I have an enormous towering pine on the edge of my property that drops a carpet of needles every fall. In the past I've raked, bagged and disposed of the crop, but this year I wondered if the needles could be used as an alternative to cedar wood mulch. And guess what? They can.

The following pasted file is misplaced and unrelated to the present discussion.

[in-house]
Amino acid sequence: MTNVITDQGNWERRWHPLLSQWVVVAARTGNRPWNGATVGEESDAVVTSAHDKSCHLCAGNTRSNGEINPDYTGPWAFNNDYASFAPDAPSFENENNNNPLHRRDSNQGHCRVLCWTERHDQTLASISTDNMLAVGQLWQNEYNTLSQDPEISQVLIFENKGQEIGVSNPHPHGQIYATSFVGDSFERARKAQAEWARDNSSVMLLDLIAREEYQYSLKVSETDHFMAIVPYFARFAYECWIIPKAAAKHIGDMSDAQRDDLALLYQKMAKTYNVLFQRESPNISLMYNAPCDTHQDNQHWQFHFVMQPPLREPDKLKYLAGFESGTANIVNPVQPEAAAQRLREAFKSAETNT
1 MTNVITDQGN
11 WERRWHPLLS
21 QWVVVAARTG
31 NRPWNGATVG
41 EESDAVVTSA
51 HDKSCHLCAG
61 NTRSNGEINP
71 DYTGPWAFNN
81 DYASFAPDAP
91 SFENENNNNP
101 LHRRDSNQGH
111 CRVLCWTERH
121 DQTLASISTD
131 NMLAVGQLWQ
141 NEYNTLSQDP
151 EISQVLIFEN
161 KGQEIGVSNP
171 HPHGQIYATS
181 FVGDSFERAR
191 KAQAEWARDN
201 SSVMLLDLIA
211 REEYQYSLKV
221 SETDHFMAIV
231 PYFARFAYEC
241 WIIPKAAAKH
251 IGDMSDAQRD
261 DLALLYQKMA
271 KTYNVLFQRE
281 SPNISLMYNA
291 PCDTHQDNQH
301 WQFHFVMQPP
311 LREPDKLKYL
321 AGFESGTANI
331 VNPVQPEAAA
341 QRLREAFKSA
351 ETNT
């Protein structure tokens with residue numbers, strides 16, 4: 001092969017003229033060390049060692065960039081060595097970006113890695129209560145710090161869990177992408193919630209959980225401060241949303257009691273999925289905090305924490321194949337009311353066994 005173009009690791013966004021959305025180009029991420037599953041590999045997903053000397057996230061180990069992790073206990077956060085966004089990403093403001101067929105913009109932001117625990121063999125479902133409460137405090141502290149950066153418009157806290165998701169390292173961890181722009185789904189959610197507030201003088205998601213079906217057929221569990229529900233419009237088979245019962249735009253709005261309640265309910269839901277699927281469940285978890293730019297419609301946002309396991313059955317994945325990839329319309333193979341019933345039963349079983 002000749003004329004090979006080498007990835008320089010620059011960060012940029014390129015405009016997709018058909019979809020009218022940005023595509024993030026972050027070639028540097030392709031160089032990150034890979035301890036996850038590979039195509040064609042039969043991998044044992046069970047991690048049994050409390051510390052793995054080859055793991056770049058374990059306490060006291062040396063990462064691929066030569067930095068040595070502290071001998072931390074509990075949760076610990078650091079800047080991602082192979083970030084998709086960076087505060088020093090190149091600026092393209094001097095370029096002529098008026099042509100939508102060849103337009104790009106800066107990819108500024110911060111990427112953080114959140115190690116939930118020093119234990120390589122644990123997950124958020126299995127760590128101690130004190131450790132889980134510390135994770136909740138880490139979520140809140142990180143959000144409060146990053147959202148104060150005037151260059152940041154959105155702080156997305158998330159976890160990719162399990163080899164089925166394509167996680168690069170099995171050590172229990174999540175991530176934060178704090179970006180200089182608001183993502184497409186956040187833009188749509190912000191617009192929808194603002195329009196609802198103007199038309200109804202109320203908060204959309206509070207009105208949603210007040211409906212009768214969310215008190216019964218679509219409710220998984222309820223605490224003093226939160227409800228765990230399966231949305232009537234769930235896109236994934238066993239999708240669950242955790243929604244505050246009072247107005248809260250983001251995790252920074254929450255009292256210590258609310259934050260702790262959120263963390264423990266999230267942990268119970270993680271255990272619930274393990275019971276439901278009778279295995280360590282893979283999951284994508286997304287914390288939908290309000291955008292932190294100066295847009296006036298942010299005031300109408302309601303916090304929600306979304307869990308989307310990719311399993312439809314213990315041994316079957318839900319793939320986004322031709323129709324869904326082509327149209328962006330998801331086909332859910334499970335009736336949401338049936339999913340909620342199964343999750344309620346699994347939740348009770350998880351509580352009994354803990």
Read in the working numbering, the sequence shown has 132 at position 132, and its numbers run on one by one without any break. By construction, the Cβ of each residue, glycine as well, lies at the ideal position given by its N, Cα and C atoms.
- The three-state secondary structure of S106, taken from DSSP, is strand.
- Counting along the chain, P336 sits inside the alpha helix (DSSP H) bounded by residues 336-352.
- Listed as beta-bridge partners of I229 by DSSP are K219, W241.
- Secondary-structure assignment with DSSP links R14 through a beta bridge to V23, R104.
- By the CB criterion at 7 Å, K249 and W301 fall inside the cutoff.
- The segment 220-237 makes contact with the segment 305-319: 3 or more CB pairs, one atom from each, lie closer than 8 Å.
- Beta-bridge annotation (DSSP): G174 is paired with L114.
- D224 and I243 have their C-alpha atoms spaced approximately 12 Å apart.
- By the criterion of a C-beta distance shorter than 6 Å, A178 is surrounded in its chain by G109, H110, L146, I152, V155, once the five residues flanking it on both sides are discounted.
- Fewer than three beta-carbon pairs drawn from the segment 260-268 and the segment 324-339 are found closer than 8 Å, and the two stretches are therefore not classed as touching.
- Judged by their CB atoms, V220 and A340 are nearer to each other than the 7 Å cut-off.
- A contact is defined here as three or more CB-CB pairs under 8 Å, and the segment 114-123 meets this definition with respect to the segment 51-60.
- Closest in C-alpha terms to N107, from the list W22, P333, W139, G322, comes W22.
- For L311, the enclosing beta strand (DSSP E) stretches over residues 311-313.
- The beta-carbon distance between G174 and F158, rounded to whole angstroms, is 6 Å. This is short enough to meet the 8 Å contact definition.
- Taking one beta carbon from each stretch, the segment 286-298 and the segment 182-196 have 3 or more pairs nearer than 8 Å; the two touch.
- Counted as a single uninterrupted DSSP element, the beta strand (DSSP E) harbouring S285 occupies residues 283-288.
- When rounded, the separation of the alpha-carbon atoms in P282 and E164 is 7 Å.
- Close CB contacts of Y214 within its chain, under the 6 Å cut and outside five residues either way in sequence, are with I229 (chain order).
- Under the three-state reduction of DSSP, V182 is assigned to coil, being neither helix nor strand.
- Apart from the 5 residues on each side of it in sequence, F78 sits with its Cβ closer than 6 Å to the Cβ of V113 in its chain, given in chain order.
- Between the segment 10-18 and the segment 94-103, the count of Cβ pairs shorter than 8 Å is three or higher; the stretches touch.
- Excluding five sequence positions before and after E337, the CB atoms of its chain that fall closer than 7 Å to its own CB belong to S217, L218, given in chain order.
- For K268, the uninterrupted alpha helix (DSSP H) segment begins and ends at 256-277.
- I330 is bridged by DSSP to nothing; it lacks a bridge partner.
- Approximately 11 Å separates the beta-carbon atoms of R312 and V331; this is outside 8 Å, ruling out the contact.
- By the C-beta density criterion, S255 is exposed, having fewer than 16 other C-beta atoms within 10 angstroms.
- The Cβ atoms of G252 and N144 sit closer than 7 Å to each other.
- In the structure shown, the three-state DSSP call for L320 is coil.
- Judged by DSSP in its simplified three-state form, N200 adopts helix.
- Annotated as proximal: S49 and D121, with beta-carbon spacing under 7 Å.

Known as pine straw, dried pine needles make a good ground cover particularly for acid-loving plants like rhodedendons, azaleas, berry shrubs and other evergreens. They are completely eco-friendly (since they decompose and add nutrients to the soil), enhance moisture retention, prohibit weed growth and—unlike their wood counterparts—are less likely to wash away during a heavy rain. One proviso: if the needles are green they may alter the PH of your soil, so be sure to use the dried, straw-like needles if you plan to use as mulch. You can find out more at mulchtypes.org